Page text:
1 May 2023
By Natassia Chrysanthos, The Sydney Morning Herald
Disposable vapes used by more than a million Australians will be banned under a major crackdown on vaping that aims to rid convenience store shelves of thousands of products, but the federal government will make it easier for people to vape with a doctor’s prescription.
Health Minister Mark Butler will lay out the government’s ambitious plans to eliminate a rampant vaping black market in a National Press Club speech on Tuesday amid concerns that a new generation of young people have become addicted to nicotine.
Nicotine vapes are already illegal without a doctor’s prescription but legal loopholes and weak enforcement at the border and in shops have allowed sales to flourish under the counter as well as online.
One in six teenagers between 14 and 17 have vaped and a quarter of 18 to 24-year-olds have vaped, according to a recent study published in the Australian and New Zealand Journal of Public Health, while Butler has previously said there were as many as 2 million vapers in Australia.
Australia will achieve a world first if it successfully winds back the black market – which sources most of its products from China – and limits vaping to people with a doctor’s prescription.
However, proper enforcement will require a major boost to both Australian Border Force and state and territory police resources, the details of which are still being worked out.
A government spokeswoman said the Therapeutic Goods Administration and Border Force would receive more funding to ramp up their enforcement, but the additional workload and costs had not been finalised.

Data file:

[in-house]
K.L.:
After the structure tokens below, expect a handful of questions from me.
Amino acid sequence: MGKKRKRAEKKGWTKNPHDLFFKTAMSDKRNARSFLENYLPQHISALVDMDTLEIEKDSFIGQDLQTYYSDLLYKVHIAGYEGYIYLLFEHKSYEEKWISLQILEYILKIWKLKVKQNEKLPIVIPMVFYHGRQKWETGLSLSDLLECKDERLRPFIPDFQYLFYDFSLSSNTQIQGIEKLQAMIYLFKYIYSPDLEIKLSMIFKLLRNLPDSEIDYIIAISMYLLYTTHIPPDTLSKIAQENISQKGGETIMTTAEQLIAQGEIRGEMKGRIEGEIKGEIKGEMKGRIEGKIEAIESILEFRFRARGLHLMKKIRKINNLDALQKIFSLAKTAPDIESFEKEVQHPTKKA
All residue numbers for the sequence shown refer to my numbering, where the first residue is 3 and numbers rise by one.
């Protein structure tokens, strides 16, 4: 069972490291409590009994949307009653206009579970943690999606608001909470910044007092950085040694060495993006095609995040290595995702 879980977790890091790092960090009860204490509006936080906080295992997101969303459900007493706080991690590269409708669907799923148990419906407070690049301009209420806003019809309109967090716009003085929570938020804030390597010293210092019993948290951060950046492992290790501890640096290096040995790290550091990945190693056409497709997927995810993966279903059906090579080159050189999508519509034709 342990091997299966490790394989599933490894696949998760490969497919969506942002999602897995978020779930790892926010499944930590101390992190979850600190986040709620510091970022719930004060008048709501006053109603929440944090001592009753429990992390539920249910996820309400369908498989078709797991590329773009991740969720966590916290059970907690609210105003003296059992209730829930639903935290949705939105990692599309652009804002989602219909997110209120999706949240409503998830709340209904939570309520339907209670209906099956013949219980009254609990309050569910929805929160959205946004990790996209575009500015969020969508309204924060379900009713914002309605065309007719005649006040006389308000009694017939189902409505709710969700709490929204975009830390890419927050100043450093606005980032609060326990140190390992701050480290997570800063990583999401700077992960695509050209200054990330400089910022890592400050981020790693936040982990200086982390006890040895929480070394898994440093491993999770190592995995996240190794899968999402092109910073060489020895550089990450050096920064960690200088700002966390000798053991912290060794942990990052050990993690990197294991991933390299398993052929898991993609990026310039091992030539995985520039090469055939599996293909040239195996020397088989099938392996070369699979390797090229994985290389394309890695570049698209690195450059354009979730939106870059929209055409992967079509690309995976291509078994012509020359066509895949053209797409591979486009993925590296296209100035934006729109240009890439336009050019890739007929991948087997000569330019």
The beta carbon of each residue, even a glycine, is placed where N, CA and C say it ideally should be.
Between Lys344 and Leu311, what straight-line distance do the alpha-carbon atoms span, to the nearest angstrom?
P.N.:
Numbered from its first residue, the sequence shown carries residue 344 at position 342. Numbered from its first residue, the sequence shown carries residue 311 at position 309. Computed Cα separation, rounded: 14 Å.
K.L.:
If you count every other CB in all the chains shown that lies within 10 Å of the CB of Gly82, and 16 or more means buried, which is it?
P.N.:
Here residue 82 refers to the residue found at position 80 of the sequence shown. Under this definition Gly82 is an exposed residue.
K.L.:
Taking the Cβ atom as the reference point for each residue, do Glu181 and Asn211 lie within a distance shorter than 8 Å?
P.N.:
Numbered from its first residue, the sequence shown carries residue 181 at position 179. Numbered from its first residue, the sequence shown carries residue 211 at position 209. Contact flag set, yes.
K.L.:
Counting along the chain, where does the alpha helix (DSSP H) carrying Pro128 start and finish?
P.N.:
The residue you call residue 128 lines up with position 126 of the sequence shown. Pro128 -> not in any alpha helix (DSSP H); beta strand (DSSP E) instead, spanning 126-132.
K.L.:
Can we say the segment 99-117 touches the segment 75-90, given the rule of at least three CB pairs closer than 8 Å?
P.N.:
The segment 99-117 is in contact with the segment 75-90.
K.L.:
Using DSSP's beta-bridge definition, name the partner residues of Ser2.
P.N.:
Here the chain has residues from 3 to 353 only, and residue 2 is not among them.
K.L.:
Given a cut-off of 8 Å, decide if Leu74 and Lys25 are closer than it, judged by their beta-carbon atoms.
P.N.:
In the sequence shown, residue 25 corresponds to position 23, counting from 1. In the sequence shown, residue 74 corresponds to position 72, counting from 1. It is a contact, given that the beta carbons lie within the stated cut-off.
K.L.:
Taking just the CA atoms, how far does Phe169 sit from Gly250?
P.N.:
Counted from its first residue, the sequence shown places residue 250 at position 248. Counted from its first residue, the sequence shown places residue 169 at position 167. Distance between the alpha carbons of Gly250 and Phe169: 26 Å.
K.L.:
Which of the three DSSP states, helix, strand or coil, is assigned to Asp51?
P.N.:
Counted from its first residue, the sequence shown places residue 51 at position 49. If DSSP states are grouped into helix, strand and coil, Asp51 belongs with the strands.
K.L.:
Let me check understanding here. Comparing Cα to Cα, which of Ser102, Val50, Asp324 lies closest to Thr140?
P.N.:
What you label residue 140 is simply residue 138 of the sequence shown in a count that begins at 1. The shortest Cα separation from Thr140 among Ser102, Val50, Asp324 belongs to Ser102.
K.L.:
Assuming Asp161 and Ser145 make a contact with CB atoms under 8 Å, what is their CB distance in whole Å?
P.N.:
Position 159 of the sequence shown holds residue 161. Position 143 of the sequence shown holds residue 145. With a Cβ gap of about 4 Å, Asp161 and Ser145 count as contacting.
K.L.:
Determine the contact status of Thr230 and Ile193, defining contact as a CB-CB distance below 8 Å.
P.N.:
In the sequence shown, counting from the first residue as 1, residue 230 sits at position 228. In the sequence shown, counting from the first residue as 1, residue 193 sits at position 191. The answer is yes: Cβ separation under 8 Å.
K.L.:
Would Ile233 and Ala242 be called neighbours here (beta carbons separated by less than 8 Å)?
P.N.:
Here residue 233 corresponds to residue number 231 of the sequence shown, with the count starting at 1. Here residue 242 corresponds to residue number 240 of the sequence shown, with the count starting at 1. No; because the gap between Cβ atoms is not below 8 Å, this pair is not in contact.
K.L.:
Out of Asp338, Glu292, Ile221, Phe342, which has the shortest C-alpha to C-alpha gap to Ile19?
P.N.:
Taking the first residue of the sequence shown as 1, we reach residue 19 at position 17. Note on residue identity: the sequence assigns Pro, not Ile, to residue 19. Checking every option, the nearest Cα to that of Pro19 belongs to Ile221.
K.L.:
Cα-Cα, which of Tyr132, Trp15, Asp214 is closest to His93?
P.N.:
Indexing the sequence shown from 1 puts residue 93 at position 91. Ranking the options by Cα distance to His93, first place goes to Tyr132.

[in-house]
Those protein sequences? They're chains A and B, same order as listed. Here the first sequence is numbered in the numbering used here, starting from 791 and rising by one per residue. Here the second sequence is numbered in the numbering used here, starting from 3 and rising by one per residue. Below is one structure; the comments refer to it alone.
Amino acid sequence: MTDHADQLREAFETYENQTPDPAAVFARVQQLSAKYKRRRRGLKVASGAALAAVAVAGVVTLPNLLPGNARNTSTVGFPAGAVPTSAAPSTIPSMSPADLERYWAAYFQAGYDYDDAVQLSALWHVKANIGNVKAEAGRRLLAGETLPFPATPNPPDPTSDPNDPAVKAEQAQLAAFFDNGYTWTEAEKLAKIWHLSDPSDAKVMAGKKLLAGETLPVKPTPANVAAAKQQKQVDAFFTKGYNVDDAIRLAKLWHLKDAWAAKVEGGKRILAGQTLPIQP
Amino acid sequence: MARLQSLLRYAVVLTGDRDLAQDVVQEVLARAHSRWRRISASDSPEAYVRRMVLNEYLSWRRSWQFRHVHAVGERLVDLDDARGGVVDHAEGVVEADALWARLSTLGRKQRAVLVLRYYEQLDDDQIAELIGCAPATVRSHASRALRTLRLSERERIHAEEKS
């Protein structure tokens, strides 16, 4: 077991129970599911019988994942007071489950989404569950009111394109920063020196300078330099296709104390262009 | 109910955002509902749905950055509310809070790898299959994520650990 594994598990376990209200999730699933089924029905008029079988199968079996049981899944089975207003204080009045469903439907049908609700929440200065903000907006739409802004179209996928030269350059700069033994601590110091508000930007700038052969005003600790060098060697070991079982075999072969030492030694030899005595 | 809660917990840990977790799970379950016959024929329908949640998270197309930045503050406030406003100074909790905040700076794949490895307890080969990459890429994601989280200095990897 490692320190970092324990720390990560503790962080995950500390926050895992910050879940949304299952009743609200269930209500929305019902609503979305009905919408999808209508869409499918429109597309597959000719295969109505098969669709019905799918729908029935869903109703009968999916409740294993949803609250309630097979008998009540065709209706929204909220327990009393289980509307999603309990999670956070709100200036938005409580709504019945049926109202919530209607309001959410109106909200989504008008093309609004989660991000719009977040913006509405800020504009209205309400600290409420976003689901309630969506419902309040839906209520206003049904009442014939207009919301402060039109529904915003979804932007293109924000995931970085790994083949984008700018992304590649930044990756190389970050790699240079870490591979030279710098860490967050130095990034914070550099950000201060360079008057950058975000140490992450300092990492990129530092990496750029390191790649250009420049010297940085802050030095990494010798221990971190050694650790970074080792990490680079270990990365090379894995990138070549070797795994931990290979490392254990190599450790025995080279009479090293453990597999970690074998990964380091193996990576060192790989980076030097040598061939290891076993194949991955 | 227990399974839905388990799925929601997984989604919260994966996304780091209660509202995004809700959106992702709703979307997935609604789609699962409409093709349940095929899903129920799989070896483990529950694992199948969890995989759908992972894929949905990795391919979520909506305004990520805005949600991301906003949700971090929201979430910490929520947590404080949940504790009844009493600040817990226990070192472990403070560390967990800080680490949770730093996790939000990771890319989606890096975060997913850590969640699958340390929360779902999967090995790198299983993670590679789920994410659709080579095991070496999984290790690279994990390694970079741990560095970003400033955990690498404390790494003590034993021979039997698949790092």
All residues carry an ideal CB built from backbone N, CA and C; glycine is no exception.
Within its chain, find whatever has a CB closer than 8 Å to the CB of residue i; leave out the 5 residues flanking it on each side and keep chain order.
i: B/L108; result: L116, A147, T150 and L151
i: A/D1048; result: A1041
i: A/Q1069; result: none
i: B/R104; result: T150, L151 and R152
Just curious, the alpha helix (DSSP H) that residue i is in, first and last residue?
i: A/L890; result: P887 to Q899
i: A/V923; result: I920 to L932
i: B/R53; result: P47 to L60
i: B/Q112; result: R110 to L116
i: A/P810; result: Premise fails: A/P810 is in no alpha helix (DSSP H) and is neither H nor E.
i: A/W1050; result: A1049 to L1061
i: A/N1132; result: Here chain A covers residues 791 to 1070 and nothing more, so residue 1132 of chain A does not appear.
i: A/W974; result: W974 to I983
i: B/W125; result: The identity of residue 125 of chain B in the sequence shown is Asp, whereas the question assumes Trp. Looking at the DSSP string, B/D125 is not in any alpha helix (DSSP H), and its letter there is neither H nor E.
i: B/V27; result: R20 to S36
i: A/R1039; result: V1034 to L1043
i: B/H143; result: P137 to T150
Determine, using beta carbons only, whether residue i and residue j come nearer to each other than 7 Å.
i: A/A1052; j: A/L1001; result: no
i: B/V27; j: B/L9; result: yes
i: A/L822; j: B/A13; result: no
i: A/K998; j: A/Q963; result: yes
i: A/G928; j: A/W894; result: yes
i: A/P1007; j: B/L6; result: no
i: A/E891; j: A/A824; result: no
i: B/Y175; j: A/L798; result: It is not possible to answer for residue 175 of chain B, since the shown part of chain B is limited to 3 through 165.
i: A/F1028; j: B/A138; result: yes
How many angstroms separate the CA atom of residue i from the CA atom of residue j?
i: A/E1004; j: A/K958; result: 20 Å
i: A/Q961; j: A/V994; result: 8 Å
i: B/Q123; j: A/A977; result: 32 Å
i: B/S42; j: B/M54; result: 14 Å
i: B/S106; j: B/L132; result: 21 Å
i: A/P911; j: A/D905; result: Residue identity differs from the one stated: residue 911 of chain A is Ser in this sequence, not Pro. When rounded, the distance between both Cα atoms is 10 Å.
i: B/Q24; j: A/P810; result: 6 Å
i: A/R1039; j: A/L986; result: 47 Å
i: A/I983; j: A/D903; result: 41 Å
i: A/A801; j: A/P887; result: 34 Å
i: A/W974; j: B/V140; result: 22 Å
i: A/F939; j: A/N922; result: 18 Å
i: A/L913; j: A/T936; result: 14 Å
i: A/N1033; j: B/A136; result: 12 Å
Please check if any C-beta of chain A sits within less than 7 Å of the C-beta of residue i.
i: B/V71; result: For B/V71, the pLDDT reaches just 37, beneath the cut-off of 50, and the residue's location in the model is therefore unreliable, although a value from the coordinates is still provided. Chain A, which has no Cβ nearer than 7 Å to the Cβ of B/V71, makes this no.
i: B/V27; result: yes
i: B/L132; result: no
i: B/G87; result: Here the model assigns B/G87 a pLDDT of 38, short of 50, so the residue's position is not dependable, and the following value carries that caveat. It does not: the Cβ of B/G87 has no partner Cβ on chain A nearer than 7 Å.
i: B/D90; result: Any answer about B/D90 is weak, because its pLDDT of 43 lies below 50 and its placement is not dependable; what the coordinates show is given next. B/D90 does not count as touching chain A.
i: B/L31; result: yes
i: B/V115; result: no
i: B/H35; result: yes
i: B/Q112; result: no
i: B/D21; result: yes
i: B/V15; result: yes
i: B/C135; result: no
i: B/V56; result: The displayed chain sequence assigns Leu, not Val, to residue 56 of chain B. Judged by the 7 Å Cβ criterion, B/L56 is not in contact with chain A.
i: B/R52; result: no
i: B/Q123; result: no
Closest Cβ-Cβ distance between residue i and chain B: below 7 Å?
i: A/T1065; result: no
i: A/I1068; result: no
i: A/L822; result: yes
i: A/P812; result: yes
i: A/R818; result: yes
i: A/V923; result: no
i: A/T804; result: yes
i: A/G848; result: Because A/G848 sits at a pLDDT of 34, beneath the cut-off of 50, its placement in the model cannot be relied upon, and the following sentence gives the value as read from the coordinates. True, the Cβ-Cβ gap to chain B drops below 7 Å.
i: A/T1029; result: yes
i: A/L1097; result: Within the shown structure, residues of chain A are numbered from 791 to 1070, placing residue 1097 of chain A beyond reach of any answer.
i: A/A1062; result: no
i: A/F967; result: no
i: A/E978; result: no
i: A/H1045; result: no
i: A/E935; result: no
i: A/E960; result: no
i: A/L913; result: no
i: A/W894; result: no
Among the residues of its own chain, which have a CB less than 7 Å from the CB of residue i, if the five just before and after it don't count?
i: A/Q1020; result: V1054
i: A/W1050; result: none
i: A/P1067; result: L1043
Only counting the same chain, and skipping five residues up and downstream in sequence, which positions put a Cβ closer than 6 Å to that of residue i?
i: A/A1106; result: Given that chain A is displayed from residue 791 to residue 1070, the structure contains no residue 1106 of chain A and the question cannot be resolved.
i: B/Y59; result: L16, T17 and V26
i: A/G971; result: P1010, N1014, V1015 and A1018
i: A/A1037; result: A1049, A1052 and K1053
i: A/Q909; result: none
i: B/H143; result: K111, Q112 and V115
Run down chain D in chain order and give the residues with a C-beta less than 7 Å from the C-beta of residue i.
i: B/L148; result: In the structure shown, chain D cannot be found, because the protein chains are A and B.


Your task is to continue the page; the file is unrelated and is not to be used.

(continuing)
Butler said the federal government would work with states and territories to stamp out the vaping black market and the import of all non-prescription e-cigarettes, acting on a TGA review that recommended tougher controls.
For the vapes that remain legal when purchased with a doctor’s prescription, further rules will apply: restrictions on flavours and colours, pharmaceutical-like packaging and limited nicotine concentrations and volumes. There will also be a total ban on single-use, disposable products.
Butler said he would also make it easier for people to get a prescription for “legitimate therapeutic use”. Currently, there are a limited number of doctors willing to prescribe vapes as a smoking cessation tool.
The TGA’s website says it has approved 1635 applications, although it only publicly identifies 277 in-person prescribers nationwide, and medical groups have typically only recommended vapes for smoking cessation as a last resort.
Butler will tell the National Press Club on Tuesday that vaping has undermined the success of former Labor health minister Nicola Roxon’s world-leading tobacco plain-packaging reforms.
“Just like they did with smoking, Big Tobacco has taken another addictive product, wrapped it in shiny packaging and added flavours to create a new generation of nicotine addicts. This must end.”
The convenience store lobby group, some harm reduction experts and the Nationals had pushed for vapes to be regulated like cigarettes so the government could reap $300 million in tax revenue – a proposal fiercely rebuffed by Butler and the health sector.
The government will spend $63 million in next week’s budget on an evidence-based information campaign to discourage Australians from vaping or smoking.
A further $30 million will go towards quit support programs and training health practitioners in nicotine cessation. The tackling Indigenous smoking program will also be extended and widened to include vaping, for an extra $140 million.